I met Dr Manmohan Singh for the first time when I was president of the Delhi University Students Union in the late 1960s and he was teaching at the Delhi School of Economics. Though the two of us had nothing in common, we met occasionally whenever I went to the coffee house of D School, as it is known in academic circles. There I had the privilege of sipping many cups of coffee in his august company.
He was a learned man of great simplicity. I met him in between on occasions and invited him, in my capacity as president of the Indian Council of World Affairs, to deliver lectures.
But I really came close to him only in 1999 when he was asked to contest the South Delhi Lok Sabha constituency on a Congress ticket against Vijay Kumar Malhotra of the Bharatiya Janata Party. I asked him why he was contesting against Malhotra when he could have won easily from any other seat. "I have been told by Mrs Sonia Gandhi to contest from this seat only and hence I will file my papers," Dr Singh told me politely soon after I took over as his election in-charge on behalf of the Congress party.
Once the nomination had been filed, he asked me to comply with the guidelines of the Election Commission strictly and not do anything that would invite penal action. We had three cars for our campaign and he gave the numbers of these vehicles to the Commission beforehand. He did most of his campaigning on foot to bring down his election-related expenditure.
Dr Singh, the great economist and former finance minister of India, walked into the lanes and bylanes of the jhuggi jhopri colonies of South Delhi as easily as if taking a morning stroll in his garden. He mingled with the poor and downtrodden people and listened to their complaints.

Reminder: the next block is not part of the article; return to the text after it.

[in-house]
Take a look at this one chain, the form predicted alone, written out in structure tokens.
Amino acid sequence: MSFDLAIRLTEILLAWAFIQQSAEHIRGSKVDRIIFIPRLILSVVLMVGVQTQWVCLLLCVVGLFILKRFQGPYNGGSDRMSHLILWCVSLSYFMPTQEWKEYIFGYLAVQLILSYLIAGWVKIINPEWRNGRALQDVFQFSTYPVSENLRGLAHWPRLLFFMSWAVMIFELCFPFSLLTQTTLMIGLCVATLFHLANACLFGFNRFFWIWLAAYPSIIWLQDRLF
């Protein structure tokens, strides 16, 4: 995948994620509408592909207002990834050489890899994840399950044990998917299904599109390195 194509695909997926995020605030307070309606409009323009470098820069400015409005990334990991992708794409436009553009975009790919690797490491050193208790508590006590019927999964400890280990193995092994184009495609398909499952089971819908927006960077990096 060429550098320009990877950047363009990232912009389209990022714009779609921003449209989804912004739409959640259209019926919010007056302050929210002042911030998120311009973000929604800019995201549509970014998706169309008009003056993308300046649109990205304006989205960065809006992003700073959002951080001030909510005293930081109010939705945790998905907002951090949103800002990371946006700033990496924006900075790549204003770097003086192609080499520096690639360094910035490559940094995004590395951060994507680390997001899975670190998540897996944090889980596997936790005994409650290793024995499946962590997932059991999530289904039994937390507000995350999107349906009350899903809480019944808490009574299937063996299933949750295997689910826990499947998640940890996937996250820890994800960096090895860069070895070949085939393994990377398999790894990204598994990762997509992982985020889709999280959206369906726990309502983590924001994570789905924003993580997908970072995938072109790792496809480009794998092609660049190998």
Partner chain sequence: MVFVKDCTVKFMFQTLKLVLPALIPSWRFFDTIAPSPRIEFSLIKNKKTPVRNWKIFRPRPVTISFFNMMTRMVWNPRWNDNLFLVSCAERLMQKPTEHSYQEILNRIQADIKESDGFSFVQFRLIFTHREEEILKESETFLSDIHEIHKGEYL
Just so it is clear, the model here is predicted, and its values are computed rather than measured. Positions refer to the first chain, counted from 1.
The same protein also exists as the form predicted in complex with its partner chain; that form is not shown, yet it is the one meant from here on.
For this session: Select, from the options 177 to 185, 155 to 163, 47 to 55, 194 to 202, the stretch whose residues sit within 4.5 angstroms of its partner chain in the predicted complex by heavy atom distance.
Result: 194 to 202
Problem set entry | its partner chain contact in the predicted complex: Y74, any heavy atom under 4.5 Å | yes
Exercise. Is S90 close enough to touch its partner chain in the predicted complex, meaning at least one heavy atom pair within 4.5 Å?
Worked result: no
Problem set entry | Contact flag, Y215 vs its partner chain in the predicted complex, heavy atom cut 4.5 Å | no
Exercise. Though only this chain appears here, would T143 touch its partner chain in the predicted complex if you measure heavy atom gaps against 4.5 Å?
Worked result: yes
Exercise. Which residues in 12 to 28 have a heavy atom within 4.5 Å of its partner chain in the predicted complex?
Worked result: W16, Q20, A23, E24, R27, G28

One day he was campaigning in the Green Park area when a 70-year-old man walked up and told Dr Singh that he was going to vote for him because he had taught his son at the Delhi School of Economics. "My son called me from the USA to say that I must vote for you," the man told Dr Singh, who looked admiringly on the senior citizen.
Right from the beginning we knew we were in for a tough fight against Malhotra. Then we had to deal with some internal problems in the party as well. Dr Singh was deeply hurt when Malhotra made some remark about his turban. Though we wanted Singh to deal with Malhotra effectively, he showed magnanimity by just ignoring the man and choosing not to hit back below the belt.
A top businessman flew in from Kolkata and was keen to contribute money for Dr Singh's election. Despite numerous phone calls and even personal pleadings with staff members, the man did not get an appointment. "Please tell him to go back. If I take money from him, he will ask for a favour and that I am not going to do," Dr Singh told me. He meant it. The man flew back to Kolkata without meeting Dr Singh.
Some jhuggi jhopri workers wanted to have liquor, but again Dr Singh put his foot down and said that even if he lost it would not make a difference to him and there was no way he was going to allow anyone to distribute liquor to buy votes.
When the results came, he lost by over 22,000 votes. He led only in two assembly segments, Okhla and Rajouri Garden. Malhotra led in the other eight. "Maybe there was some shortcoming in me that I could not win the election," he said when it was all over. He did not blame anyone, fully knowing how people within his party had sabotaged his campaign.
Harcharan Singh Josh is secretary, All-India Congress Committee, minority department.
As told to Onkar Singh
Photograph: Ami Vitale/Getty Images | Image: Uday Kuckian